Something happens when you reach your forties. The print in books starts to shrink. The same thing happens to the print in menus, newspapers and magazines. The first time I noticed this, I blamed the book. I adjusted my computer and Kindle so the font was huge. When reading magazines, I tried moving the page farther from my face but my arms didn’t reach that far. “You’re getting old,” my husband told me, kindly, as we sat in a local Olive Garden and he watched me move the menu back and forth.
“That’s ridiculous,” I said, handing him the menu. “Can you read me all the chicken dishes?”
On the way home we stopped at the drugstore. I bought three pairs of reading glasses. Blue frames for home, tricolor for work, and a pink pair to keep in my purse for those pesky menus. I didn’t like them, but I got used to them. The problem was, I spend my days reading small print and at the same time supervising groups of children. I needed to be able to look at print and look out at the kids and see everything clearly. With the reading glasses on, the print looked fine, but the kids were blurry. And removing and replacing the glasses all day was giving me a headache.
I called my eye doctor. “Time for bifocals,” he said. “Make an appointment.”
I’ve been wearing contact lenses since I was fourteen years old. I was not going to wear glasses again, especially given my extra-strength prescription. “No bifocals,” I told him. “Don’t you make bifocal contacts?”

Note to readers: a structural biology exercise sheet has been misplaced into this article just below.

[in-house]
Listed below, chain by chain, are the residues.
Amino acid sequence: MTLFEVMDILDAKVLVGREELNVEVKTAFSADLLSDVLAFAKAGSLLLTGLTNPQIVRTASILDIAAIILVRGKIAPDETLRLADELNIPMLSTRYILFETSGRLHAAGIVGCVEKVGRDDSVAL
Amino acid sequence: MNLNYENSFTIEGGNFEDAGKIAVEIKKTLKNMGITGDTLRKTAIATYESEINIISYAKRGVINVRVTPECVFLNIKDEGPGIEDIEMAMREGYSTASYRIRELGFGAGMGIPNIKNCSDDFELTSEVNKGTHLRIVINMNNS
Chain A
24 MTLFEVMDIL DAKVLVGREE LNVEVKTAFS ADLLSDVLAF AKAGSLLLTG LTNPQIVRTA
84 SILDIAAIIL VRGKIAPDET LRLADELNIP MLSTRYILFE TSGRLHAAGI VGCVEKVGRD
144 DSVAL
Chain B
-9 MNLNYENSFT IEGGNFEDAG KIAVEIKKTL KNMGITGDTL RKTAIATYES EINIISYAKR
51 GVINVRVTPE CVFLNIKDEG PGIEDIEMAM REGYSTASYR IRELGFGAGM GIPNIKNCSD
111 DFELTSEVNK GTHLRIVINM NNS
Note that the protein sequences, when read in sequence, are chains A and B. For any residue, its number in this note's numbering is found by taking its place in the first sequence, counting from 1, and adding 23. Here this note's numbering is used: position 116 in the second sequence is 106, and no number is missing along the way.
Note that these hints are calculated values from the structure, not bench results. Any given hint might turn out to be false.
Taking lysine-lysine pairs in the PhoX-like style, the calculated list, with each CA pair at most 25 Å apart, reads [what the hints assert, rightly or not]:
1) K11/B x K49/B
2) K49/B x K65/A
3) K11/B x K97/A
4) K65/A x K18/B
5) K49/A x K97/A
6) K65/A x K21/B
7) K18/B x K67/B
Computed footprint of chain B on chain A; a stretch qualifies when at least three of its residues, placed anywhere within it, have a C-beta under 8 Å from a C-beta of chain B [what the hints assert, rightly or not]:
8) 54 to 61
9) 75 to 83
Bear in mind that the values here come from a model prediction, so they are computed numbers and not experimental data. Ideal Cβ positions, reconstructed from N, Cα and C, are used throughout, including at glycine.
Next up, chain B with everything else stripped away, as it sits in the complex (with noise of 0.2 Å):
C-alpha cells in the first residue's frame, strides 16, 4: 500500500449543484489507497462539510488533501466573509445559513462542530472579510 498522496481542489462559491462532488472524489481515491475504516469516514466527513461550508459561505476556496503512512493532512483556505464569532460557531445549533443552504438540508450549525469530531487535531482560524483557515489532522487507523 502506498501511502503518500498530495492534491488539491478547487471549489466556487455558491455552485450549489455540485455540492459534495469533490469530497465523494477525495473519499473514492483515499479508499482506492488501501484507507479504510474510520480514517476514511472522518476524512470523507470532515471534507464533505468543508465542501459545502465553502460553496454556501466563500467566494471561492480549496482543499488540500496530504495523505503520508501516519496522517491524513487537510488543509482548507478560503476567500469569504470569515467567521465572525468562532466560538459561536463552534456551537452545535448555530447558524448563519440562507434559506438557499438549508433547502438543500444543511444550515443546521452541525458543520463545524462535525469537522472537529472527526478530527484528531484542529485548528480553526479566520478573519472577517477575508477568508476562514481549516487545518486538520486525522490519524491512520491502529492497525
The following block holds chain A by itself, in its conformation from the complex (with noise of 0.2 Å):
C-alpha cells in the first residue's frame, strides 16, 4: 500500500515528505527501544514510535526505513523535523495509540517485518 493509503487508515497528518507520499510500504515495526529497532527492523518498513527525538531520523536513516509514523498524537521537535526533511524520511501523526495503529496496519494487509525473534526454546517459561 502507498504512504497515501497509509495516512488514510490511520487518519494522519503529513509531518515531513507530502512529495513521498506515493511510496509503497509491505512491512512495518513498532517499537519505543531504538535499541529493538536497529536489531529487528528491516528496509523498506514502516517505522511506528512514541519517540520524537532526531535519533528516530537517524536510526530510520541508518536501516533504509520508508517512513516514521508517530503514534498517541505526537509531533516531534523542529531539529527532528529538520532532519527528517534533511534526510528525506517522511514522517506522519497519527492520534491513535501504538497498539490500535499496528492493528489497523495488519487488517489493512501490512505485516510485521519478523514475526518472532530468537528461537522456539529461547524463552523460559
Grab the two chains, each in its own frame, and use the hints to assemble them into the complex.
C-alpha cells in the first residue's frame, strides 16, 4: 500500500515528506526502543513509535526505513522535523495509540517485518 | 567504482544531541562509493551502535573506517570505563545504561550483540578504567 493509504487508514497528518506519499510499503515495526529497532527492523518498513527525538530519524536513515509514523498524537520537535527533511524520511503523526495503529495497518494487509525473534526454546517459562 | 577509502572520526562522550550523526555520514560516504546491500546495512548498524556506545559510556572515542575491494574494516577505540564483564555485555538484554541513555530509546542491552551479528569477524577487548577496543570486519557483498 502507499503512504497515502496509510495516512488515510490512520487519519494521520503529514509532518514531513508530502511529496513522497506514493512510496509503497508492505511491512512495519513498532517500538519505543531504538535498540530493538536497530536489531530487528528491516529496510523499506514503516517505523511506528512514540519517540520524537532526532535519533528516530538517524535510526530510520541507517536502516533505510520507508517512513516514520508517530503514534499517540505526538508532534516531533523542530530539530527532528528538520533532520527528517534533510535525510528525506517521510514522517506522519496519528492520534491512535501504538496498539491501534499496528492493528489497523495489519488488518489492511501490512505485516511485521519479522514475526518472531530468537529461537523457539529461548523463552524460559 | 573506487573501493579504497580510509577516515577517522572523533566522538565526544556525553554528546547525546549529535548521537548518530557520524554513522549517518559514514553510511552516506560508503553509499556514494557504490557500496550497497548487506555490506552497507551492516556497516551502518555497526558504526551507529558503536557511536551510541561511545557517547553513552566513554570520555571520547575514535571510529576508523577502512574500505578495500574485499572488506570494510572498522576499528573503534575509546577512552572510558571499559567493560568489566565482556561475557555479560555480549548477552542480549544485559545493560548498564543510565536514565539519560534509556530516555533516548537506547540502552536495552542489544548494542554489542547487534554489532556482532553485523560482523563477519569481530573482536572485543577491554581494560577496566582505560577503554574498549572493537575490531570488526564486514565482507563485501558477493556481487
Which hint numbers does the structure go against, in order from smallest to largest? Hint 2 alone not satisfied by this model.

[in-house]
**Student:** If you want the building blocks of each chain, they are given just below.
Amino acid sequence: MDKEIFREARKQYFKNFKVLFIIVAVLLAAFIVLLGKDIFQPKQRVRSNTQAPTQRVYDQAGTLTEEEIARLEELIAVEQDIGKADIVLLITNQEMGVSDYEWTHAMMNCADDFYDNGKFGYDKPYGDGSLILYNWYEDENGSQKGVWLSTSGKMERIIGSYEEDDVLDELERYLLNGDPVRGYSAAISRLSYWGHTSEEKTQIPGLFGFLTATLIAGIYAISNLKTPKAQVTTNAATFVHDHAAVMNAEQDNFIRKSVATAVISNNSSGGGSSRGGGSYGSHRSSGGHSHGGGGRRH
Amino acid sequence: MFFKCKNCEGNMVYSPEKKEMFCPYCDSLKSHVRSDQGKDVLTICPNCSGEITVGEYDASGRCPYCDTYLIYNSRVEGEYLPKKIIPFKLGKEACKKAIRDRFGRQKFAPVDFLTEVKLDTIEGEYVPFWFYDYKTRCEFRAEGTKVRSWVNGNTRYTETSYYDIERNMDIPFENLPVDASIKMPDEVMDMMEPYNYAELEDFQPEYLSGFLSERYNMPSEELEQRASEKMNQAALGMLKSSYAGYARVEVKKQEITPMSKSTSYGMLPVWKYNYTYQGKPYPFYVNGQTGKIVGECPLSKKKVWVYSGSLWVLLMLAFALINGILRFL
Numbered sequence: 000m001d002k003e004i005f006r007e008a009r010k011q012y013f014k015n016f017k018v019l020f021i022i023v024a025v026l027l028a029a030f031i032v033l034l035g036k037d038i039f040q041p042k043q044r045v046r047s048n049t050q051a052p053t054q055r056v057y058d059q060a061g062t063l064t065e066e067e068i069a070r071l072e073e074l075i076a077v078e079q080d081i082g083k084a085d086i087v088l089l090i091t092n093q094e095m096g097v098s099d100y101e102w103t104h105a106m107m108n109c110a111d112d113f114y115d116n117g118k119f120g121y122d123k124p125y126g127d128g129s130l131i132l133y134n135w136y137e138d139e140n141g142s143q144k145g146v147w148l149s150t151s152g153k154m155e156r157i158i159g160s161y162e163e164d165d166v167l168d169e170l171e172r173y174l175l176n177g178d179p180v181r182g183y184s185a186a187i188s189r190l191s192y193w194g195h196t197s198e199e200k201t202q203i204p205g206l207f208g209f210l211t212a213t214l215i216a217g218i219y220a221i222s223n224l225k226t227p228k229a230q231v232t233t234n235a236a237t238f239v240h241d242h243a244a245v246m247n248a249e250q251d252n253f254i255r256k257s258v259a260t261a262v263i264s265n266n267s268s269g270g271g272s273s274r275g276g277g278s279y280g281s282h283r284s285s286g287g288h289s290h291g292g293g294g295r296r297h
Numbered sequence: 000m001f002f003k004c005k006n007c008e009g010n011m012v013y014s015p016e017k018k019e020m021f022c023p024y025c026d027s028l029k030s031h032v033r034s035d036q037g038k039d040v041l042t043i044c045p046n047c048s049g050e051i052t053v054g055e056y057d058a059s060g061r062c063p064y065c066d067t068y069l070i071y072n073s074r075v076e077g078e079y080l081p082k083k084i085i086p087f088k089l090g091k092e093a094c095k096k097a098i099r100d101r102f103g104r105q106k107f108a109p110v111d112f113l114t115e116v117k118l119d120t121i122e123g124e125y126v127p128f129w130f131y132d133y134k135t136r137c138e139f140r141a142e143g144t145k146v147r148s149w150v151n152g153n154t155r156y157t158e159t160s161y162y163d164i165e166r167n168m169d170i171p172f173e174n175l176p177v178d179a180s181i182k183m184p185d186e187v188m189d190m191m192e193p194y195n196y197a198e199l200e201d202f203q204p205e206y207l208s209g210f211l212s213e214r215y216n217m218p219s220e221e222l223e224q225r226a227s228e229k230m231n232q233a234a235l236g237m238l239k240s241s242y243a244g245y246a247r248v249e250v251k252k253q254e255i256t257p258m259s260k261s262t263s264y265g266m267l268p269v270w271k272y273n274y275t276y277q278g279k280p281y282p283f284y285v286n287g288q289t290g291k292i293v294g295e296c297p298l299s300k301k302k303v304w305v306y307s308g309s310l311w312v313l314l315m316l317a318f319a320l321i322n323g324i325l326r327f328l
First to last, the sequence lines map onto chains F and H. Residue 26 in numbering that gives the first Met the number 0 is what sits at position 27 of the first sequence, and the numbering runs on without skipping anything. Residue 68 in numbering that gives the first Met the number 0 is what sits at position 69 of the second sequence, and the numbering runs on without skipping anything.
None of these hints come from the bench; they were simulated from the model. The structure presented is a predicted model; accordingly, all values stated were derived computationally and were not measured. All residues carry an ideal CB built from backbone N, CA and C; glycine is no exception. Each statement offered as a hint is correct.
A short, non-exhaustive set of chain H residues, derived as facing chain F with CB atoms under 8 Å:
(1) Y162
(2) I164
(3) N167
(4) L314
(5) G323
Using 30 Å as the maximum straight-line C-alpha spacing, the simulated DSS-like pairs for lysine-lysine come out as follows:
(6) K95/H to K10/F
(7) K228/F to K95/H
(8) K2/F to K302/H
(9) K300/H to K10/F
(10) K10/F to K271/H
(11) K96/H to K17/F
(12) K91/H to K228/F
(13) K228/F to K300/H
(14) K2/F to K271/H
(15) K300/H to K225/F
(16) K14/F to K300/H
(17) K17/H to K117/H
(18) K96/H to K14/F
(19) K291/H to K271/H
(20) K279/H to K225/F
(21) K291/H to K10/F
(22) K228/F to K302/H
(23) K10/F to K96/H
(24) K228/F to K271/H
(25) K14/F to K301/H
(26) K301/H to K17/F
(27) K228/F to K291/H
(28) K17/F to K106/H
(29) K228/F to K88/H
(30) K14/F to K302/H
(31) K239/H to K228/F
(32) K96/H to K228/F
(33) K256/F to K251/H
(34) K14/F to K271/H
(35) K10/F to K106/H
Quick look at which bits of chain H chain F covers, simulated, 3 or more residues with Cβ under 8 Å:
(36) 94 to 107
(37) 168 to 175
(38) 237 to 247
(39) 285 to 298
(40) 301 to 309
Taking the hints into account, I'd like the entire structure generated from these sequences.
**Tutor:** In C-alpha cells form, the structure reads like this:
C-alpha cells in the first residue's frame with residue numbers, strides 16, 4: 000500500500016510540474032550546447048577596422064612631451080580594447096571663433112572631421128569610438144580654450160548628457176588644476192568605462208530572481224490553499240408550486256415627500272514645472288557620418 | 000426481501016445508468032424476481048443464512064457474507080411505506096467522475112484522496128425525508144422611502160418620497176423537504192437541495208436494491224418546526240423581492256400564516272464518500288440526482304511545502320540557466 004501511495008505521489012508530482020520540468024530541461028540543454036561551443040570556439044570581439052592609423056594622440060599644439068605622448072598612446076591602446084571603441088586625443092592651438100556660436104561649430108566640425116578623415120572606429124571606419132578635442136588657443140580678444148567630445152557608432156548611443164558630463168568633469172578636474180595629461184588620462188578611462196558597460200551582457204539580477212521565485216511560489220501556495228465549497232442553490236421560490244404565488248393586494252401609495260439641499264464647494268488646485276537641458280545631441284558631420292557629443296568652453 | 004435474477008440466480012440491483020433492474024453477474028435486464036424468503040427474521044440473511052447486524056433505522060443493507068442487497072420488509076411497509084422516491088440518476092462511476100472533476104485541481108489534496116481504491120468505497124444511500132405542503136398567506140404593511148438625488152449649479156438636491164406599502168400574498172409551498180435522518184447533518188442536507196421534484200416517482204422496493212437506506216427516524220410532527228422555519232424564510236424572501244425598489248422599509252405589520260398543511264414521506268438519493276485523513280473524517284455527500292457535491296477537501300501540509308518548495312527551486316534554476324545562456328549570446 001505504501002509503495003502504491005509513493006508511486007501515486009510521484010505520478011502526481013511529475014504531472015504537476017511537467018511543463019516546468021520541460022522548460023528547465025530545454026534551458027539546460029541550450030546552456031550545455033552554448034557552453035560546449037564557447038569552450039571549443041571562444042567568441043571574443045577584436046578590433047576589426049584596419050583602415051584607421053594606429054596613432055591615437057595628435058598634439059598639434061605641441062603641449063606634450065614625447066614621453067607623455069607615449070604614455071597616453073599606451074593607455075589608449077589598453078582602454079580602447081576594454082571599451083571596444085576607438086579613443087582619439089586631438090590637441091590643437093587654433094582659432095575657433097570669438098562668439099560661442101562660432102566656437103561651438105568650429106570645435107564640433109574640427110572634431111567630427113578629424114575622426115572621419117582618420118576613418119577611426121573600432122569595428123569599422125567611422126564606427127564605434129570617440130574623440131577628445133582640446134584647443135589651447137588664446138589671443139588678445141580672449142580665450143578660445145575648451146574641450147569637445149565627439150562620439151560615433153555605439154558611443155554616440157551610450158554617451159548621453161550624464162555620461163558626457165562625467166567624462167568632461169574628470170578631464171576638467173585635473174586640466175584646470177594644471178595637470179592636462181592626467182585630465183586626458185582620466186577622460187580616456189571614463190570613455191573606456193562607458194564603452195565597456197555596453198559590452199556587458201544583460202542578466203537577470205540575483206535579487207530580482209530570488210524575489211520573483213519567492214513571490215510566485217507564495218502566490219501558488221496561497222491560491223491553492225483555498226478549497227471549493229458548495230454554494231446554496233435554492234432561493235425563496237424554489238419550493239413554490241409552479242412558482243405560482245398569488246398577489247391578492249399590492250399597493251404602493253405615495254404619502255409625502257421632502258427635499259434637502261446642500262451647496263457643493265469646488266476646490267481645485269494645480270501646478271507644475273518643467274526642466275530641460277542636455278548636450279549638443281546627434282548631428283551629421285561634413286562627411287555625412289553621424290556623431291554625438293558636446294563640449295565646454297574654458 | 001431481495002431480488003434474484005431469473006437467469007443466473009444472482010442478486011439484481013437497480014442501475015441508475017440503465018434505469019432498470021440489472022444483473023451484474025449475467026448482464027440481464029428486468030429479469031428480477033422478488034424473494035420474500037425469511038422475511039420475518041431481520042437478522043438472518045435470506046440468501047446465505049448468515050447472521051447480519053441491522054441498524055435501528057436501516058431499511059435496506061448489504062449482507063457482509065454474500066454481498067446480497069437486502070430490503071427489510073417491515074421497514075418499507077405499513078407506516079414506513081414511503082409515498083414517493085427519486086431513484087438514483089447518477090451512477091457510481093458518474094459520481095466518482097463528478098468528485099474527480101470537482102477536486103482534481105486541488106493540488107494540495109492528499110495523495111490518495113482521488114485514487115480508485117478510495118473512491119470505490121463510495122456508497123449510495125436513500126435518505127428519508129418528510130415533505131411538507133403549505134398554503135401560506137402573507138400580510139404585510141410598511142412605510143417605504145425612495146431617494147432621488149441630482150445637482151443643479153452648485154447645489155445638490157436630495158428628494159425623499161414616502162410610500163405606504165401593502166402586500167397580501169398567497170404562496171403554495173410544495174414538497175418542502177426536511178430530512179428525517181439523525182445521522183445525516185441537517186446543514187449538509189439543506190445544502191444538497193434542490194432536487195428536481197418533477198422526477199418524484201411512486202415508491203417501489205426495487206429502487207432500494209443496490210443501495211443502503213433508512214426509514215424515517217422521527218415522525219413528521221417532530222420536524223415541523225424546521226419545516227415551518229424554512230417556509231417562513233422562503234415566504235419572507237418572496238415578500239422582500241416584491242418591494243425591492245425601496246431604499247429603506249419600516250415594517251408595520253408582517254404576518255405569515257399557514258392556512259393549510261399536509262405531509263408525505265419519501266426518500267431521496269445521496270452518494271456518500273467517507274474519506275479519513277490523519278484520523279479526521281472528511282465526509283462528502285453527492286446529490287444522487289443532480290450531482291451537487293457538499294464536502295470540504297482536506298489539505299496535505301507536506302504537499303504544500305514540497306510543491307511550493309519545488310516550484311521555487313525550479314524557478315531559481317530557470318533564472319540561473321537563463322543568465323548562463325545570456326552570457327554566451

He outlined my choices. I could wear one contact that would see far and one that would see near. Apparently your eyes learn to adjust so each eye knows what to do. I wasn’t sure my eyes were that smart. Or, for a great deal more money, I could order bifocal contact lenses. They’re weighted, so the lower part sees near and the upper part sees far and your eyes just figure it out. “Sounds perfect,” I said, and ordered a pair.
Two weeks later I drove home wearing my new contacts. I walked in the door and grabbed a book. A regular book, not my large-font Kindle. I could read it! I opened the newspaper and scanned the notoriously small-print comics. I could read them too! I was in heaven. The next day, however, driving to work, I realized I couldn’t see any street signs until I was practically sitting on them. Not so good. And three days later the new lens scratched my cornea. Back to the eye doctor. We ordered a new pair with a slightly different prescription. Now I could see far, but when I tried to read a book I was back to reading glasses. “Don’t worry,” my doctor told me. “This is very typical. It usually takes several tries before we get it exactly right.”
It’s been three months. I’m on pair number four. They’re still not perfect, but close. I can read menus, magazines and books. If I squint, I can almost read the comics. And my students and the street signs are in focus. Now, if I could just remember where I put my Kindle, I’d be fine.